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Improving non-technical skills

Improving non-technical skills

Improving non-technical skills

I just recently got a new position after being unemployed for nearly an entire year.

It's a small company, but it's very close to home and also happens to be my first time being directly and solely in charge of an IT department.  

I have a very strong technical background and many years of experience at network administration, the problem I'm finding is learning the "intangibles" so to speak.  For instance, how to talk in that somewhat mystical language of "managerial-ese", how to come up with an accurate budget and stay within it, how to look at things from a business perspective as well as a technical one, how to sell upper management on upgrades/projects/expenses, how to balance being a boss with being nice, etc...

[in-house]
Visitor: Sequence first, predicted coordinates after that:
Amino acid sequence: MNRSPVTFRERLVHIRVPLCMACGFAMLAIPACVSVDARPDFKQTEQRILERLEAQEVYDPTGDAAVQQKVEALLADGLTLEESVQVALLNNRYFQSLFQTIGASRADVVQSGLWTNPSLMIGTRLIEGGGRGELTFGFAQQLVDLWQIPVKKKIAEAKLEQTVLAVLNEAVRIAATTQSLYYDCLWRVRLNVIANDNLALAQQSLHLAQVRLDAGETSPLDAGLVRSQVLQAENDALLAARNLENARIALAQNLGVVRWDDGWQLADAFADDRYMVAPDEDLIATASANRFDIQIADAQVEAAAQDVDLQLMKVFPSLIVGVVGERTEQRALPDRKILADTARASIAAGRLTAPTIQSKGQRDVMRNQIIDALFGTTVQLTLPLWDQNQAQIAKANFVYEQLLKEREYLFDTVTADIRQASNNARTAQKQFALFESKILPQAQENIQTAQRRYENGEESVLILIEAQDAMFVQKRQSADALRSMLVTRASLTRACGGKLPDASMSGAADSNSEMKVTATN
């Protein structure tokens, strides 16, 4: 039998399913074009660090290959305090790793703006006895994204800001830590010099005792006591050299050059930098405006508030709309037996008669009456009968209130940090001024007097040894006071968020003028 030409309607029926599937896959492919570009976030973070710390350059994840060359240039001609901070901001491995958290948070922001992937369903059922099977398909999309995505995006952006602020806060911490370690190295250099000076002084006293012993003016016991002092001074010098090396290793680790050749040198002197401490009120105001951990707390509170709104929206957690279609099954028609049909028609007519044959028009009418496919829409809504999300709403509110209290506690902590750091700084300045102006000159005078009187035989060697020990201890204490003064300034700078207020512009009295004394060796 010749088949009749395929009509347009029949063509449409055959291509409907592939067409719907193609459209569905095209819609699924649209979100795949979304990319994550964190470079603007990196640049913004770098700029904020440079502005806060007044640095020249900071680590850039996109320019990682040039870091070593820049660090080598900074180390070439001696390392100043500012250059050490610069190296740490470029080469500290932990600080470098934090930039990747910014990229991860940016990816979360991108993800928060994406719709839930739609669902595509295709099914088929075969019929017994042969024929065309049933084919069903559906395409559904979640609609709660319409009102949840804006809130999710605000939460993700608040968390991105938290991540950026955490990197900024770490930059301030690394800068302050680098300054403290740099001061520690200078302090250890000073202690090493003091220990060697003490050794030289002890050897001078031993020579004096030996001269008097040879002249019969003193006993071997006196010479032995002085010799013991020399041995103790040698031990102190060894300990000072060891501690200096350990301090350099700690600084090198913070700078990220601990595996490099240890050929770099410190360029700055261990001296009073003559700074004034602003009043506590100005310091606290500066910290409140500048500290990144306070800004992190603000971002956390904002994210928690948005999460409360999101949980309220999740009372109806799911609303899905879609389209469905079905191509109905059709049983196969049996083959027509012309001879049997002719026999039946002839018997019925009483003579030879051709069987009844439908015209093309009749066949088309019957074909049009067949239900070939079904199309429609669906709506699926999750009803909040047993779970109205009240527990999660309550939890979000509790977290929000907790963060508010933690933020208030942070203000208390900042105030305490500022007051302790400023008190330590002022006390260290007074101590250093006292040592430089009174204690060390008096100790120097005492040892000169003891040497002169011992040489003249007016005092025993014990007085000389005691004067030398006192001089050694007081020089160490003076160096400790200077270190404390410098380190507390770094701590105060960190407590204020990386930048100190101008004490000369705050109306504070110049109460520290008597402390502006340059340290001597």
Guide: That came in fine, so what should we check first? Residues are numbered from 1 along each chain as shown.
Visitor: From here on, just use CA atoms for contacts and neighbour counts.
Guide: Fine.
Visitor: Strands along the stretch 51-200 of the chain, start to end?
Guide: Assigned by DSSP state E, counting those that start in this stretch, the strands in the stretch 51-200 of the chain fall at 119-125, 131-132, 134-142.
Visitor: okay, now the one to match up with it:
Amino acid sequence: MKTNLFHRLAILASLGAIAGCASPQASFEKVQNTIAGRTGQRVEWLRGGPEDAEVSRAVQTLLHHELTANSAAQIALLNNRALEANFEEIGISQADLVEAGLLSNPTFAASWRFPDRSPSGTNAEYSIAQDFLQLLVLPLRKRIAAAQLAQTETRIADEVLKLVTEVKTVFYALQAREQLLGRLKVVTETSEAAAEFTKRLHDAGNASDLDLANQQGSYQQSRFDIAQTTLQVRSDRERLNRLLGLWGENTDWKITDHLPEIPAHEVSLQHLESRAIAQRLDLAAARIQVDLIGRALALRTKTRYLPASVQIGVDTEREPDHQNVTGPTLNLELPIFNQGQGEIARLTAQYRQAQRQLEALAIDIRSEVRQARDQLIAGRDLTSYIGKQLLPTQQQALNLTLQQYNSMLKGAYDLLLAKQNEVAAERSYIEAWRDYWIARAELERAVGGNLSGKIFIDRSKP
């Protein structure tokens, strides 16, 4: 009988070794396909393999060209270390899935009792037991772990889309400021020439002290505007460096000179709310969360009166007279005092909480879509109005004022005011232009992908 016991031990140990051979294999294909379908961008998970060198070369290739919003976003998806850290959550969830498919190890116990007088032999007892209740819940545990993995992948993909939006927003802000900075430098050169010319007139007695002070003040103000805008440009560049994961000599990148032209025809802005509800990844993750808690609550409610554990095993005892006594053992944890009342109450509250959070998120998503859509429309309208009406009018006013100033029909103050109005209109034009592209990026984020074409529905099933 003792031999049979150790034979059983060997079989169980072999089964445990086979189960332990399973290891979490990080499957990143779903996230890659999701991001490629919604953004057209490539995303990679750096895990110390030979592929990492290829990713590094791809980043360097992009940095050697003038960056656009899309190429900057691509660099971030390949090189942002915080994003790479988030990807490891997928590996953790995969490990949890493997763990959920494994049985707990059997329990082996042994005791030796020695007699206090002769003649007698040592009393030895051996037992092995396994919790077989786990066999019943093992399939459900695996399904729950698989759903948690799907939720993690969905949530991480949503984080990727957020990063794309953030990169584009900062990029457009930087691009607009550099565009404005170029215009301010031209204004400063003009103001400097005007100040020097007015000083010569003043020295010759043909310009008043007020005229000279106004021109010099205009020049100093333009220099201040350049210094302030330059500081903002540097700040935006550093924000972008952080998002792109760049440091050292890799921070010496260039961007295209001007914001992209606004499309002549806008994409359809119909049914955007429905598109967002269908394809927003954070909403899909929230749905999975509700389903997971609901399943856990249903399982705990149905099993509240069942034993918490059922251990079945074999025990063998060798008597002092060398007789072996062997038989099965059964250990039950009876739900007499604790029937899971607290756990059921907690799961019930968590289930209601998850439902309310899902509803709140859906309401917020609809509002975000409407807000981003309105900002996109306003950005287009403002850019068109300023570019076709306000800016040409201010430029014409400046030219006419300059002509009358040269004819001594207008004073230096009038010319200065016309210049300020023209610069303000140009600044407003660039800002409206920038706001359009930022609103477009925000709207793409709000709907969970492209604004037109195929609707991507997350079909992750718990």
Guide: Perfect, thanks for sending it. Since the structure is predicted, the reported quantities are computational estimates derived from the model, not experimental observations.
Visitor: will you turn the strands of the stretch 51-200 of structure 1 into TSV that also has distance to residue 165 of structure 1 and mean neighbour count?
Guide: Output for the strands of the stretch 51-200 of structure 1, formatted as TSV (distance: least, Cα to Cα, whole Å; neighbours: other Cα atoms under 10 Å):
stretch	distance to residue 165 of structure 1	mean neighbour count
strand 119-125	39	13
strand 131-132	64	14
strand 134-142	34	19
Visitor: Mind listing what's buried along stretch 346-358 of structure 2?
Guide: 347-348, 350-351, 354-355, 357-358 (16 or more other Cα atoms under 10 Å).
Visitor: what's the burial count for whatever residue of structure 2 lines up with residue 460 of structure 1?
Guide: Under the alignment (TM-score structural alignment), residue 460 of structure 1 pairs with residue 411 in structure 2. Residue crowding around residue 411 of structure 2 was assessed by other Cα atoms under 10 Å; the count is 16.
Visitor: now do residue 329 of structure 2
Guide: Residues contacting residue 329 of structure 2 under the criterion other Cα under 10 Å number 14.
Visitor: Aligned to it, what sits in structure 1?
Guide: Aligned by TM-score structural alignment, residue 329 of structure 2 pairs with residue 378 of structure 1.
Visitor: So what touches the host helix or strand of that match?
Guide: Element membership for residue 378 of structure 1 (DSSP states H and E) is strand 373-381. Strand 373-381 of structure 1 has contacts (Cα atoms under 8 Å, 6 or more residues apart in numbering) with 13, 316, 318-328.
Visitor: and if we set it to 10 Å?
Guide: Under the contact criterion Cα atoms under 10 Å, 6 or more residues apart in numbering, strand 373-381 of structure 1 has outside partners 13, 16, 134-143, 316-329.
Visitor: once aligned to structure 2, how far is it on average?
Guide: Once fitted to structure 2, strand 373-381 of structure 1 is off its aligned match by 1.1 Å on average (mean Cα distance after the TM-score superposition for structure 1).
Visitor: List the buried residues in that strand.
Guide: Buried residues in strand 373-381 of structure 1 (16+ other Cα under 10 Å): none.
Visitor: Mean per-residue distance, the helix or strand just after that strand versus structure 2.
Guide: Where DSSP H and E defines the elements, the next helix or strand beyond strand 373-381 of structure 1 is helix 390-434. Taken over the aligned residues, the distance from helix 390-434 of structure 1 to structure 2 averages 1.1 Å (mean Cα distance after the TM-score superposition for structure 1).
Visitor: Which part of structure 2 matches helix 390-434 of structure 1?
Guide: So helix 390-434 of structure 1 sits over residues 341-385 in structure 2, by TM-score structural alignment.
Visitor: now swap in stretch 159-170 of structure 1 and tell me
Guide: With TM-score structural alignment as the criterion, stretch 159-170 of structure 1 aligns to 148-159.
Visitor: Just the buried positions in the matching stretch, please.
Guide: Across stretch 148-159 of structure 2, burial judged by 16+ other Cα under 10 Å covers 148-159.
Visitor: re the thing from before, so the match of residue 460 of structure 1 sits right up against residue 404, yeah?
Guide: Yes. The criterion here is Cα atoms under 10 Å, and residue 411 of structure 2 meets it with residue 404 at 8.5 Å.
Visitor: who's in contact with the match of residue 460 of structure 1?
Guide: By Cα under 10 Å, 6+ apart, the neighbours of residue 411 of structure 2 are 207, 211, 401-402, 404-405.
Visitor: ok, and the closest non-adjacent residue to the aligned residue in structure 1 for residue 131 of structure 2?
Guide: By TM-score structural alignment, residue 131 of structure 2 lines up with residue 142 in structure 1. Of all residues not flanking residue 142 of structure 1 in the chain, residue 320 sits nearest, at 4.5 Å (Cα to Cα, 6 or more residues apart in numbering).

Any recommendations on some good books or even just some advice?

Many thanks!

RE: Improving non-technical skills

While I don't have any useful advice on your management issues, I just wanted to say "Congratulations" on your new job!  I know how awesome it is to get something after a long period of looking!


RE: Improving non-technical skills

Some things off the top of my head:
You can't balance being boss with being nice, it's your job often to be the bearer of bad news. What you want to do is be perceived as fair not nice. You want the people who work for you to know you will support them when things are tough (nothing worse than a boss you feel will throw you off the bus when there is a problem), but they also need to know that once a decision has been made, it's been made and everybody has to live with it.